After this, the album takes a turn for the harder direction with heavier electronics and louder vocals, while Rou brings up current issues in the world. ‘Anaesthetist’ gets to some pokes at the healthcare system with statements like “Illness is not an indulgence which you should pay for, nor is it a crime for which you should be punished”. Then in ‘Never Let Go of the Microscope’ and ‘Myopia’ starts to point out the denial of science in our society. Through these tracks he gets into his hip-hop style that almost reminds me of a more educated Mike Shinoda from Linkin Park, but still keeps it going hard on the chorus’s with screams. The album goes to slow down more through ‘Torn Apart’ and into ‘The Bank of England’, and your almost left wondering if that was the end of the distortion and screaming. Luckily it wasn’t. They end up going into, what I think, is the best song on the album, ‘There’s a Price on Your Head’. The only way that I can describe this track, is imagine you had Serj Tankian singing for The Locust…! Got your attention? Good! Now go listen to this song right now! It’s like the entire song stutters through both the instruments and the lyrics while they go through this expressive piece on class warfare.

It’s offsetting, but after the hardest song on the album, came the softest in ‘Dear Future Historians…’. It’s like Rou is writing a letter to future generations, explaining that not all of us were able to do those great things that we may be stereotyped for in our time; that when maybe all the oceans are polluted, don’t be envious, because not all of us swim with dolphins or go fishing, and our lives go on just fine (at least that’s what I’ve taken from it). Next came the closing tracks which brought back the intro for a part two in ‘The Appeal and Mindsweep II’. It is basically the same song as the intro with more synthesizer fills and added lyrics. Then the bonus track, ‘Slipshod’, and holy mother of all that is fucking anything! This track is priceless! With a Trap style beat going through the entire song, it starts with the scream of “Get me the manager!”, and goes through a very angry list of things that have gone wrong at this restaurant for someone. The beat is crazy-good and does a great drop and breakdown while Rou screams “Slipshod, kick it!”. I could actually see this played at a Trap show, and people would go crazy over it. Shit, I’ve listened to this track like nine times on repeat, and I still can’t turn it off!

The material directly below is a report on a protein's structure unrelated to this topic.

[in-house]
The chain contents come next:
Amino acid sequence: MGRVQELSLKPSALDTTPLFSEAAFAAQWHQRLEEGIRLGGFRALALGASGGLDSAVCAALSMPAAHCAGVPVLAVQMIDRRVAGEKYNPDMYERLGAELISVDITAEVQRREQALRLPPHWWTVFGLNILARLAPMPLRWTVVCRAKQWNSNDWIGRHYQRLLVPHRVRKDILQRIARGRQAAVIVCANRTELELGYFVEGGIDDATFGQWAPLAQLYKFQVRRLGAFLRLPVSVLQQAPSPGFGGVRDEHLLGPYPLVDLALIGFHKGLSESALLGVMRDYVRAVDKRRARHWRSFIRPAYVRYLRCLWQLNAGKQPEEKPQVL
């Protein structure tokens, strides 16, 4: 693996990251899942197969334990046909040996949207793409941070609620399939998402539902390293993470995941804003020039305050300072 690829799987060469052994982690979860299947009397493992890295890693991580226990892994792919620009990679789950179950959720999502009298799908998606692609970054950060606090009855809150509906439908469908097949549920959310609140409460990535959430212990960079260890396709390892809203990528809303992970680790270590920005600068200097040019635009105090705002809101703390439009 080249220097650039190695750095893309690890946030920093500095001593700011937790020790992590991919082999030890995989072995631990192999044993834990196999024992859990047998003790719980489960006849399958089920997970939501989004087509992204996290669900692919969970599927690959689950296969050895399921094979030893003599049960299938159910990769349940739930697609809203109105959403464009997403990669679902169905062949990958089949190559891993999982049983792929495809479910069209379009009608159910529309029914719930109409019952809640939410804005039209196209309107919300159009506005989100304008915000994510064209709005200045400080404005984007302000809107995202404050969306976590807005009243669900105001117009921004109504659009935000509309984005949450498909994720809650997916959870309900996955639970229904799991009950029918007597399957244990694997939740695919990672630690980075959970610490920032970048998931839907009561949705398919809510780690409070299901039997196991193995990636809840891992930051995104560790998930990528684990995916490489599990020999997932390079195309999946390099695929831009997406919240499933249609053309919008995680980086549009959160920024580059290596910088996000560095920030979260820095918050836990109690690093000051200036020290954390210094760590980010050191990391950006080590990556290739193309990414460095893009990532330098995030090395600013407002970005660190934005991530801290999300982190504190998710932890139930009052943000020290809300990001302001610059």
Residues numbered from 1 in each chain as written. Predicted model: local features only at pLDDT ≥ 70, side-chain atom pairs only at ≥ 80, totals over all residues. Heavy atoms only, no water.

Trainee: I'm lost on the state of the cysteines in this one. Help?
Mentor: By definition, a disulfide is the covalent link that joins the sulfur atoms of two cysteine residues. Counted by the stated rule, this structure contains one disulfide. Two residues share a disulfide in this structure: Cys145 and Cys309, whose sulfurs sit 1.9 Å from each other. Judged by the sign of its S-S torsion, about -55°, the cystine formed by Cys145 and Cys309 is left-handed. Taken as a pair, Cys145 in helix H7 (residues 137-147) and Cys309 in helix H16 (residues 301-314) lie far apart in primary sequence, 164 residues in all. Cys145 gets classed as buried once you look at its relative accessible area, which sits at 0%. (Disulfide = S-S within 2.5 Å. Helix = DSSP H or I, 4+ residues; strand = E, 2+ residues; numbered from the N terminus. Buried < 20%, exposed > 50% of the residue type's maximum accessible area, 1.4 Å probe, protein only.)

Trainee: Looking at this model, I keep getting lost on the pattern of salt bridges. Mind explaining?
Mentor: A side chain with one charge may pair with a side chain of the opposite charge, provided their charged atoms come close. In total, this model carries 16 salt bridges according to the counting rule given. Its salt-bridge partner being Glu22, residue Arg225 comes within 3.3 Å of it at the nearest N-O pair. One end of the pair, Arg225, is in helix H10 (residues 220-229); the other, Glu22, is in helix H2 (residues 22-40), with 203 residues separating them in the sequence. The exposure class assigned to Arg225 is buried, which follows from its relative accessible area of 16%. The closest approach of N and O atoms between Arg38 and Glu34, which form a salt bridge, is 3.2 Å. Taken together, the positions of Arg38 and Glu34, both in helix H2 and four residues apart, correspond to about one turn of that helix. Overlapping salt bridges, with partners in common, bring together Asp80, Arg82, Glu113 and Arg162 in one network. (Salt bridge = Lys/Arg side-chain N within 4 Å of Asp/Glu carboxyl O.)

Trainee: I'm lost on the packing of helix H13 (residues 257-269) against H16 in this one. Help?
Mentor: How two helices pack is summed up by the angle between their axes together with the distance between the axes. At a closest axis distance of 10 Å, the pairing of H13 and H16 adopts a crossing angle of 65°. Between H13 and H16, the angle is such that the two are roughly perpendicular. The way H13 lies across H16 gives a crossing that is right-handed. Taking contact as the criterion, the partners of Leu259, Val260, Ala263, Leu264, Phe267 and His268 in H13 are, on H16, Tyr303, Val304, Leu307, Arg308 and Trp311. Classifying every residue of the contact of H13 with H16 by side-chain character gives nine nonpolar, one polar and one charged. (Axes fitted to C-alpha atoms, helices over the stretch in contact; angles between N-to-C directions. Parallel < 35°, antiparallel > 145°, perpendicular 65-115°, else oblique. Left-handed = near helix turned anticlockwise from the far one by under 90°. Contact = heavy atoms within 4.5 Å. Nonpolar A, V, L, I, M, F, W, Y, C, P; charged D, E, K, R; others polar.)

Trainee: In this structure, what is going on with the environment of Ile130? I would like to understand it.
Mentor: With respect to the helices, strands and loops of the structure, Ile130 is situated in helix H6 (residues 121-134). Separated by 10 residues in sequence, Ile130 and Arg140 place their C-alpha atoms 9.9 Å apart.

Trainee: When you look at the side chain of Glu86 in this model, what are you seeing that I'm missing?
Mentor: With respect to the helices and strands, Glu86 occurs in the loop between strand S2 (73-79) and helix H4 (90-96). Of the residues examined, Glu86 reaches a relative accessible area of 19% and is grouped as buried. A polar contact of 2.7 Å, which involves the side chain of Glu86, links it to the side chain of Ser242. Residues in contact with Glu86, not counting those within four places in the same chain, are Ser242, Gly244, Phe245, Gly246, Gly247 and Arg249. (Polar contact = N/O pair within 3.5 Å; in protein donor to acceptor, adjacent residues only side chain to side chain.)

Collectively, The Mindsweep shows the evolution of Enter Shikari from front to back. You can hear bits of past albums, but the band has also given us something that still shows growth through both their instruments and lyrics. Our world has some obvious faults, and Enter Shikari does a very good job at pointing them out and making them more of a concern to their fans. If the world were a perfect place, maybe bands like this wouldn’t have much material to write about. Or maybe that’s the point. Call out the fucked up things in the world and provide the youth with something to scream about until a change is made. In a sense, it’s music martyrdom. Sacrifice your art to make the world a better place, while leaving a legacy of historic songs that molded our future and changed our ideas of what is going on around our every day lives. But of course, we live in a crooked world that will have a new obstacle every day. So, I have no doubt that Enter Shikari will continue to push the envelope and provide fitting tracks for my “Songs for the Revolution” playlist.


All photos ©Enter Shikari

By Vinnie Corcoran

Born and raised in Las Vegas, Vinnie has been around a variety of music his entire life. Early on he would love listening to show tunes from The Rat Pack with his grandpa and dancing around with his mom to her favorite disco hits from the 70's, but his life would change in 1999 when he borrowed a stack of cd's from his dad that included Led Zeppelin's II, Metallica's Ride the Lightning and Black Album, and Sublime's Greatest Hits. Armed with that music base and a newly revolutionized internet connection, Vinnie ventured in to the vast world of rock and roll and never looked back. In his teenage years he discovered the revolution of punk rock and still has not let it go, annually attending the Punk Rock Bowling festival and taking every chance he can to check out local and national acts at hole–in–the–wall venues during the week. Look for him near the pit or by the bar at your next show.